So now providing the capacity for couples to borrow, the cooperative now had a new policy instrument. The cooperative might react to news that it was hard to find baby-sitters by lowering the “interest” that had to be paid on the loans and vice versa.
Note that the cooperative might set up separate divisions – the treasury and central bank – but the currency dealt with by each would still come from the cooperative and transactions between either division and the non-government sector (the members) would both create or destroy new net financial assets in the non-government sector.
Krugman then notes that if sentiment became very pessimistic then the cooperative could lower the interest rate to zero yet none of the couples would seek to borrow and more couples would be trying to save (seek baby-sitting or employment). As a consequence, baby-sitting opportunities dry up.
As a consequence, Krugman says:
… which means that couples seeking to build up reserves for summer fun will be even less willing to use those points in the winter, meaning even fewer opportunities to baby-sit … and the co-op will slide into a recession even at a zero interest rate.
In this situation, monetary policy (interest rate manipulation) becomes a totally ineffective policy instrument – economists have termed this state a “liquidity trap”. No-one wants to spend and everyone wants to save but cannot find sufficient employment opportunities to achieve those desires. The whole system sinks into a mire.
The only solution is for fiscal policy (issuing of more scrips) to fund that increasing saving desire to allow employment to return to desired levels.
Interestingly, I recalled a review of another Krugman book (The Return of Depression Economics) where the neo-liberal author tried to argue that the simple solution to the shortage of scrip would have been to deregulate the price of scrip (which was set by the cooperative) and allow the “market to work”. You can see a blog about this HERE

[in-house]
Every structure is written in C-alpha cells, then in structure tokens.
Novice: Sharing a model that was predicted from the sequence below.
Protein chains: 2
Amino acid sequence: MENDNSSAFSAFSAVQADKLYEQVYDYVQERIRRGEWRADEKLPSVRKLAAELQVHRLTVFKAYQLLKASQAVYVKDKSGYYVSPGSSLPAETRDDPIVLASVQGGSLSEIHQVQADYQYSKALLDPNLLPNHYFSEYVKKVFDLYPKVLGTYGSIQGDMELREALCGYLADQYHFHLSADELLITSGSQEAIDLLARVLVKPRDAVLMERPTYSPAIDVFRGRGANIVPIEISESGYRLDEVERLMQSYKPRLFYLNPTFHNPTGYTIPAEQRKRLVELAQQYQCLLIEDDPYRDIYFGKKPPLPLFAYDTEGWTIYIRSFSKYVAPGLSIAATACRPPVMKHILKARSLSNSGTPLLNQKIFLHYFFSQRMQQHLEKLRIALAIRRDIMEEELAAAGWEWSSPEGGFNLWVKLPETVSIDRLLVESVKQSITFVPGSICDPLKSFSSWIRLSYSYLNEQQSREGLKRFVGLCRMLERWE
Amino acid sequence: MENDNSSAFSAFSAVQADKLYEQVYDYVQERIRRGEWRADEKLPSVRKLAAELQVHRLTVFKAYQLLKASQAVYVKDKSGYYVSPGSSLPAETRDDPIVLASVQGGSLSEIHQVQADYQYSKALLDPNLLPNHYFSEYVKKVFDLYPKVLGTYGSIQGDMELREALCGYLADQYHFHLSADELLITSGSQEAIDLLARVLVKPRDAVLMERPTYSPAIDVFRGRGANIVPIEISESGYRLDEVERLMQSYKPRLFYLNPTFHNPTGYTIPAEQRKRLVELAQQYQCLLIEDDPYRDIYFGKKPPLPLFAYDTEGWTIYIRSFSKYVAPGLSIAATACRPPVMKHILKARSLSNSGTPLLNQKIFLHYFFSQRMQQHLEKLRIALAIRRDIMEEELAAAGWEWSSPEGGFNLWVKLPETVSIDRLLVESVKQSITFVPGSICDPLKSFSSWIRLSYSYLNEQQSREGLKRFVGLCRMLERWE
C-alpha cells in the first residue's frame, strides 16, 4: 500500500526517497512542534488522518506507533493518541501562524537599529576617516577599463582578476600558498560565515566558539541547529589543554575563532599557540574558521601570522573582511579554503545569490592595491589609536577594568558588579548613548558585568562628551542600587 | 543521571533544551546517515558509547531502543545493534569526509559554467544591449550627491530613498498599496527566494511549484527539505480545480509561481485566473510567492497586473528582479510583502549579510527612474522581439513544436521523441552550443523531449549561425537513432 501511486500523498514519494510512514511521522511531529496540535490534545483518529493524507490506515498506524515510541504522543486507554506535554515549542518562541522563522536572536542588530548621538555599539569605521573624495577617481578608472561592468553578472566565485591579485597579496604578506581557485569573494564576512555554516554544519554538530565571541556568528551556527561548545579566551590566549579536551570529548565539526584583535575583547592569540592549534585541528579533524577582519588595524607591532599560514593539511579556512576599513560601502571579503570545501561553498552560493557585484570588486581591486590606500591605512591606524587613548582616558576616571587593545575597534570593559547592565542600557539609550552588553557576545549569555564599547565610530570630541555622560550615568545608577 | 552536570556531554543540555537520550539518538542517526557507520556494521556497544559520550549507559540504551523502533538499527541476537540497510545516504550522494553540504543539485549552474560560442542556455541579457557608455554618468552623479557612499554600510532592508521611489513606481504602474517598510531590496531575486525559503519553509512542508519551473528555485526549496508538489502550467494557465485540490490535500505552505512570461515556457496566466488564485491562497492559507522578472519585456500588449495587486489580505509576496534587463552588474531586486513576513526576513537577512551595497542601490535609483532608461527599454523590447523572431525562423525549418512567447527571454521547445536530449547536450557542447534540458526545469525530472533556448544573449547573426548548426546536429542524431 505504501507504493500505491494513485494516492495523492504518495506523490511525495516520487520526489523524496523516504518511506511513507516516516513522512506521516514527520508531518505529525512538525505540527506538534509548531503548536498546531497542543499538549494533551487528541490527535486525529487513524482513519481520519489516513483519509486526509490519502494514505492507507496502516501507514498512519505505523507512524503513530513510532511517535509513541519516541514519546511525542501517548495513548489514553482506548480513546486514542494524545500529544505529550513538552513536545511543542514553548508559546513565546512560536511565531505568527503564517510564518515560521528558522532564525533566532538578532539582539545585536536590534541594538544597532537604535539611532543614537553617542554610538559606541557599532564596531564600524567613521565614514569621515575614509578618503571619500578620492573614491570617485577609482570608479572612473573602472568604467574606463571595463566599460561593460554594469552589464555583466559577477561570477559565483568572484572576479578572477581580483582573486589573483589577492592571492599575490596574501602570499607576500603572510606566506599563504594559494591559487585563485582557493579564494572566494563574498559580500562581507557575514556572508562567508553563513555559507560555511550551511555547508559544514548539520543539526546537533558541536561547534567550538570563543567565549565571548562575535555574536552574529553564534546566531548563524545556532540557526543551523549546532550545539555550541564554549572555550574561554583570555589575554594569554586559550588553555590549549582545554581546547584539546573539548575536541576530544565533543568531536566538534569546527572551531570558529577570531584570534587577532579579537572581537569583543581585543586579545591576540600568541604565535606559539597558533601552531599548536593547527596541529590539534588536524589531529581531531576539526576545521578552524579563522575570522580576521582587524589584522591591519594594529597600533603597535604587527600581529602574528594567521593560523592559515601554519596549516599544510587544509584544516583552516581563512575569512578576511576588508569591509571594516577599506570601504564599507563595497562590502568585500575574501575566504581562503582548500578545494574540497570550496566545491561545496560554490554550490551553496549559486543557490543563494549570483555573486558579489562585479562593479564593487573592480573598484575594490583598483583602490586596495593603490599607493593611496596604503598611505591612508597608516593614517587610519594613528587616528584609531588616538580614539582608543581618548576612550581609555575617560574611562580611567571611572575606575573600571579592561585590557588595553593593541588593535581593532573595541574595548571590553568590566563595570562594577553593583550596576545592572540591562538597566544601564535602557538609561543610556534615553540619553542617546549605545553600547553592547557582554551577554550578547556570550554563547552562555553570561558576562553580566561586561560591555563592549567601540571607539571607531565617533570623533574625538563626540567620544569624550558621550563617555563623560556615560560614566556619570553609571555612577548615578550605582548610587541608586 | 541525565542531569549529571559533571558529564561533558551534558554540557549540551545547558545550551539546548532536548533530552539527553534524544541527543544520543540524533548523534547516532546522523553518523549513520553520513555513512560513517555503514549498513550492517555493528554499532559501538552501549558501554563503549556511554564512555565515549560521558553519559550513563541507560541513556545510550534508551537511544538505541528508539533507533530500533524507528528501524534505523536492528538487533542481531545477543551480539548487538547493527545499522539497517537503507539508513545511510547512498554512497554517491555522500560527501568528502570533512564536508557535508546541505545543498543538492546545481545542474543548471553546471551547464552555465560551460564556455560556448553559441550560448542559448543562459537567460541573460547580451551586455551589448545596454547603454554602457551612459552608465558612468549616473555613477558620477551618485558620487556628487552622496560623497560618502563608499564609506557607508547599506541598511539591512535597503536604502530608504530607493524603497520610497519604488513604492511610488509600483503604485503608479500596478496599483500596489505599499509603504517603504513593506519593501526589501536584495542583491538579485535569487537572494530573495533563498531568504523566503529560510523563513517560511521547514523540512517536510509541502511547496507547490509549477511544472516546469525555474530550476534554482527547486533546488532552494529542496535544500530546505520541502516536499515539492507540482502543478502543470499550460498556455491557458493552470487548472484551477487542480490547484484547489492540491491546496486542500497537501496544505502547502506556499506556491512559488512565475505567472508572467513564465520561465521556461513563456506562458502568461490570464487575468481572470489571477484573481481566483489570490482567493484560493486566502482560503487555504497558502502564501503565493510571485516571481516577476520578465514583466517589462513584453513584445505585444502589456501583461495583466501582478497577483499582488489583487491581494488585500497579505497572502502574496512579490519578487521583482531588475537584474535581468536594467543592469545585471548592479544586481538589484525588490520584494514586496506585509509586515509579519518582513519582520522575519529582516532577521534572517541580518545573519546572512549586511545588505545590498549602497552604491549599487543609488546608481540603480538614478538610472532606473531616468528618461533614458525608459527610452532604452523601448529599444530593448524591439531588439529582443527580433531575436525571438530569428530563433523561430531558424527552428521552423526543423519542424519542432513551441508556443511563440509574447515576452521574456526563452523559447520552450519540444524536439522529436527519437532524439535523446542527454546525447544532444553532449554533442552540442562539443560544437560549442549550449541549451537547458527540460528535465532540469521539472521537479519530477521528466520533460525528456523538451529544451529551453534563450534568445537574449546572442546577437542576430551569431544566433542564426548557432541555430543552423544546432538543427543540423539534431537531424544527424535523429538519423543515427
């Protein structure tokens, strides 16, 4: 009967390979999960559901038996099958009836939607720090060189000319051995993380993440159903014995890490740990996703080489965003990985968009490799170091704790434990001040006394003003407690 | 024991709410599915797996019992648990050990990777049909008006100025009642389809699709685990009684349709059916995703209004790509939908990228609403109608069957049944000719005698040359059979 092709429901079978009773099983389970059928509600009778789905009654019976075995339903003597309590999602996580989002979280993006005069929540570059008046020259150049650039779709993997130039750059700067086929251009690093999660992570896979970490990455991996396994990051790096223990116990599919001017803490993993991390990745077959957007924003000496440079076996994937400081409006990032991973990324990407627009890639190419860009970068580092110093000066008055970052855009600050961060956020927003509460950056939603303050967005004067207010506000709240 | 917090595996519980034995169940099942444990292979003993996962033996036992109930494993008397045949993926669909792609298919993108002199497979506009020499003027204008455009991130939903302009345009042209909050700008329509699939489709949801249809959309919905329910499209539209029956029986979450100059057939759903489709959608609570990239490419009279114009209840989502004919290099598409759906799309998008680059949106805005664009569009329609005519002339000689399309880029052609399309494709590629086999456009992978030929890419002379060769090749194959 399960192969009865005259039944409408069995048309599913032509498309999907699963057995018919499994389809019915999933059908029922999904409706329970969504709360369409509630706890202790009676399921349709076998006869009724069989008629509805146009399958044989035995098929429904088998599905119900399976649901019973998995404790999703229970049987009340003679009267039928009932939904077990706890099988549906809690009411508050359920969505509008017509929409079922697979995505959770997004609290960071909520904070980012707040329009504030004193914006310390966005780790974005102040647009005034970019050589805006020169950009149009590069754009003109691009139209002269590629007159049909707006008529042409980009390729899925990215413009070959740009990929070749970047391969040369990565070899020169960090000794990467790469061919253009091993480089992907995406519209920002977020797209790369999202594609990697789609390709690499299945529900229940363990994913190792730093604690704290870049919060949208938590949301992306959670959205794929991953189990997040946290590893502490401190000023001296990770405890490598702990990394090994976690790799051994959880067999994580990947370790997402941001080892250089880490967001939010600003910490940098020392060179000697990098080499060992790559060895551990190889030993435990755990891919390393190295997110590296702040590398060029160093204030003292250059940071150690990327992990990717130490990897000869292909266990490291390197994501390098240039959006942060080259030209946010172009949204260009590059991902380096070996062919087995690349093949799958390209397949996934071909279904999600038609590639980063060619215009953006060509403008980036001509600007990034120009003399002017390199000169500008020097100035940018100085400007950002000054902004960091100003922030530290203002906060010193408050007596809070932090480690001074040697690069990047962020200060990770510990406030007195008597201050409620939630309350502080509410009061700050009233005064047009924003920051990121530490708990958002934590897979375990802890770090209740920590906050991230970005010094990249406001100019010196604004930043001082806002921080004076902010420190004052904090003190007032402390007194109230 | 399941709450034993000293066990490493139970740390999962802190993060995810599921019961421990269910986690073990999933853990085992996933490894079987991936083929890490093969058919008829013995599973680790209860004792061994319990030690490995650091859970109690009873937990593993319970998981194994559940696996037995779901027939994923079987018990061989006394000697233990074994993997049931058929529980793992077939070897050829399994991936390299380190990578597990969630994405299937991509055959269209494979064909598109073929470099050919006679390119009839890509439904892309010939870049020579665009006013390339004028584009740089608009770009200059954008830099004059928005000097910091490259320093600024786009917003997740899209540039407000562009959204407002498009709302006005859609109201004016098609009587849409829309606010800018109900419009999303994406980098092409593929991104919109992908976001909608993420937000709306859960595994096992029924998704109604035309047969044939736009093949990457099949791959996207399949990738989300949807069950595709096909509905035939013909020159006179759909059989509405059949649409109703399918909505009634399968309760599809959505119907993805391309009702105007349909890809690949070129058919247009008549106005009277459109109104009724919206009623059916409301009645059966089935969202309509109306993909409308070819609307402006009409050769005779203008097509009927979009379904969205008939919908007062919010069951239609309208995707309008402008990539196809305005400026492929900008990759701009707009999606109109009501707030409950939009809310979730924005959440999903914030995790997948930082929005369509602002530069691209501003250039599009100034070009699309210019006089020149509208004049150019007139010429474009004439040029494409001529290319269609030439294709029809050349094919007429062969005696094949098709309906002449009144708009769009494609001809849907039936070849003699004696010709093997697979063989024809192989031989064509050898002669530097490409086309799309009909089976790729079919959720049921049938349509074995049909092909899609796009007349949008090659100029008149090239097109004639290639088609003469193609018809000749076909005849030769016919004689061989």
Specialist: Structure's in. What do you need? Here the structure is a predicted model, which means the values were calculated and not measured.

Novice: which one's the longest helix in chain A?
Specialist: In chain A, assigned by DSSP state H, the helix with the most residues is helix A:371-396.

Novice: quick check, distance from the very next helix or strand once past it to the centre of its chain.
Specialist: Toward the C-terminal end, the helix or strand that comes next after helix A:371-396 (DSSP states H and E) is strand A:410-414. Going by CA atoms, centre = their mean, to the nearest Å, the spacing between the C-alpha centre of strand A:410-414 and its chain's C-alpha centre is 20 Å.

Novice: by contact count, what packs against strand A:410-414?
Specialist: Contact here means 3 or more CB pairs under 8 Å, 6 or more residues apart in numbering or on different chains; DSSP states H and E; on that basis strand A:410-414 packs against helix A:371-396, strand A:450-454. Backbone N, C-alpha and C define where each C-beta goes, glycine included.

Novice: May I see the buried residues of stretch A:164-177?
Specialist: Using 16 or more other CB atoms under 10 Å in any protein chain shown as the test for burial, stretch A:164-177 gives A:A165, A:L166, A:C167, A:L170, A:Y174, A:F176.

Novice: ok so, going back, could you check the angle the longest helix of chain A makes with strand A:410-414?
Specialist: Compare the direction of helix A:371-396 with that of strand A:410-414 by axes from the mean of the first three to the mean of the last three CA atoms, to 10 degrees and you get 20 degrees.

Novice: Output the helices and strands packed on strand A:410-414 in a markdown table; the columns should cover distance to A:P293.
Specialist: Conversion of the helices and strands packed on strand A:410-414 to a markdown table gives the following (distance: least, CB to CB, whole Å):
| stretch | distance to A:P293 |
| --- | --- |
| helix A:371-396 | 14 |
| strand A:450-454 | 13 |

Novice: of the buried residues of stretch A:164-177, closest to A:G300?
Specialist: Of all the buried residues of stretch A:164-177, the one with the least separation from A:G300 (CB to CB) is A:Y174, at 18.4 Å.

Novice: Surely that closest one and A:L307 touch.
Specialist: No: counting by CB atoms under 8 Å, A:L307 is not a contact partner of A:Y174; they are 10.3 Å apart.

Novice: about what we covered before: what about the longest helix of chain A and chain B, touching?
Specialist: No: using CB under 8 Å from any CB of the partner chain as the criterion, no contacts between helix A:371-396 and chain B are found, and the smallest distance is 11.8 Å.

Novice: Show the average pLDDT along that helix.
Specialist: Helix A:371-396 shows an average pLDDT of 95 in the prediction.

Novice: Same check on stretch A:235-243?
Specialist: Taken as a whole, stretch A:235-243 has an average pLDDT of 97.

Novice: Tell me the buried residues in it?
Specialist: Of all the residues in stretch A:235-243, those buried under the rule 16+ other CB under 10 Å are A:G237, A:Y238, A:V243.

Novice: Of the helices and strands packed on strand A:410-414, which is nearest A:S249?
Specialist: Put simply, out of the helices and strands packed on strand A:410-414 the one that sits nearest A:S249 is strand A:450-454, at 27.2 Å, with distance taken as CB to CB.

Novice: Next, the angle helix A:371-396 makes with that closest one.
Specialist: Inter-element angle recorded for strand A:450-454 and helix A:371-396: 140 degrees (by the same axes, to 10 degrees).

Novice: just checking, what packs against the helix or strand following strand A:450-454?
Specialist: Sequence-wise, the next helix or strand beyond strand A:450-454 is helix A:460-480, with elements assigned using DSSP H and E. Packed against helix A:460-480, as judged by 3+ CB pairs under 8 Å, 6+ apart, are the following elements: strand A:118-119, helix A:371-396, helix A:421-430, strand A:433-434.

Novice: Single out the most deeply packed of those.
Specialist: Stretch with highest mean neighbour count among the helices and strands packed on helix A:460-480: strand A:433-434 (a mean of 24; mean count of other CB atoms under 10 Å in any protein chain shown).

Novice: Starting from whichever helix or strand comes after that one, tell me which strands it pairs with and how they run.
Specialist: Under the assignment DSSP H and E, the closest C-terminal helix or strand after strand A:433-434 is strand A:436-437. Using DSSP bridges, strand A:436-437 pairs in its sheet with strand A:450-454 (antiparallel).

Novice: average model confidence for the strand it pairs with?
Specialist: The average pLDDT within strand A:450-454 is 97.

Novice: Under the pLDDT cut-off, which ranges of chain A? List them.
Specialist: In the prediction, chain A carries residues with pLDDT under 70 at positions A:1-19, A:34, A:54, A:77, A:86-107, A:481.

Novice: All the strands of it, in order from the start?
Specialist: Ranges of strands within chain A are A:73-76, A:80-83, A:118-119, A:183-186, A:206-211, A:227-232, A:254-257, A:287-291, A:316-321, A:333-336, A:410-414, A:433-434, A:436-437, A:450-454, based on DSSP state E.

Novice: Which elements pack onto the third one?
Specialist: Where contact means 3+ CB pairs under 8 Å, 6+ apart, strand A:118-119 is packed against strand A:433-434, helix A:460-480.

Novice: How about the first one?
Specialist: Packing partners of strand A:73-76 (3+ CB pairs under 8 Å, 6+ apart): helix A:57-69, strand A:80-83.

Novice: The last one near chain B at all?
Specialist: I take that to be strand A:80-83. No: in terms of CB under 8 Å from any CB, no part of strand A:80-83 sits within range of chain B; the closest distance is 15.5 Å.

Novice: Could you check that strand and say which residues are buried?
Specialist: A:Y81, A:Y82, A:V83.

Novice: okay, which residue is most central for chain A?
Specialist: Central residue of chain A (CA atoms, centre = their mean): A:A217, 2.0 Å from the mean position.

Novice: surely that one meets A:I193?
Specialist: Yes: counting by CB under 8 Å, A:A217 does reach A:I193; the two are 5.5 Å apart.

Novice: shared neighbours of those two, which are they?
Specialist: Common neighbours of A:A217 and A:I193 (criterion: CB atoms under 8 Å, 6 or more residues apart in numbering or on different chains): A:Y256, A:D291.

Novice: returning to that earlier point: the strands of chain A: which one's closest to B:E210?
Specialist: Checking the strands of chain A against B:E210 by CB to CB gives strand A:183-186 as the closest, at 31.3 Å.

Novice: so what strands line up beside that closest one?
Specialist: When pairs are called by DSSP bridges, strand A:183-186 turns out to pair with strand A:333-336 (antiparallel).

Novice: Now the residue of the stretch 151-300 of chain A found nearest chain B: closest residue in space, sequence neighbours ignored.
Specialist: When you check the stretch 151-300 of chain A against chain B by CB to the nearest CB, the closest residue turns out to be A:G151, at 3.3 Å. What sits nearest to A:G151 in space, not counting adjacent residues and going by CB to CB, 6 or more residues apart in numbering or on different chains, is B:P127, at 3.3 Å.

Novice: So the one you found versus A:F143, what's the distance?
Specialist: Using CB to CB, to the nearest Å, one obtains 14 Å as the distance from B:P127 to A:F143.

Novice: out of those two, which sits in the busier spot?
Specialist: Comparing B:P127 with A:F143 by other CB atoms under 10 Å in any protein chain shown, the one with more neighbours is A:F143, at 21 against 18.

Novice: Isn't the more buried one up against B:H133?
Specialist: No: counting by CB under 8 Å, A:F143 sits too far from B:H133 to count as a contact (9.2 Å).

The reviewer said:
… nowhere does Krugman mention that another way to solve a problem of excess supply is to let prices fall … It’s not surprising that Krugman left this out: He seems to be biased in favor of having government step in rather than letting markets work things out … In other words, the problem came about because prices were not allowed to adjust.
This is the argument used by neo-classical economists as a defence against Keynes. Keynes argued that his result was general (that is, that employment is a function of effective demand) and was not dependent on the assumption that money wages are fixed (which he noted was an institutional reality with positive benefits in itself).
He said that even if money wages fell, prices would fall in proportion (as unit costs fell and competition prevailed) and so the real wage would be unaltered (or thereabouts).
The neo-classicals (Pigou) retorted that this might be so but the lower prices themselves created a real balance effect where those who held wealth were now wealthier in real terms and would thus start spending.
The problem is that these impacts have only been found to be tiny in the usual range that prices might be expected to fall. I recall reading an article (I think Sydney Weintraub said it – I haven’t time tonight to look it up) where the author said that the real balance effects would occur only when you got penny millionaires! That is, prices had to fall dramatically.
Further, cutting the wage during a recession will only help if it reduces the desire to save. There is no research (ever) that has established this proposition. So cutting wages will just imperil those with nominal contracts (the couples that had borrowed) and reduce their standard of living but do nothing to increase employment. Either saving has to be reduced or funded by deficits.
I also note that Japan struggled continually with deflation in the 1990s and it was only when fiscal policy entered the fray in the form of rising deficits that output started to recover.
Enough on this very sunny day … spring has come early to the East Coast.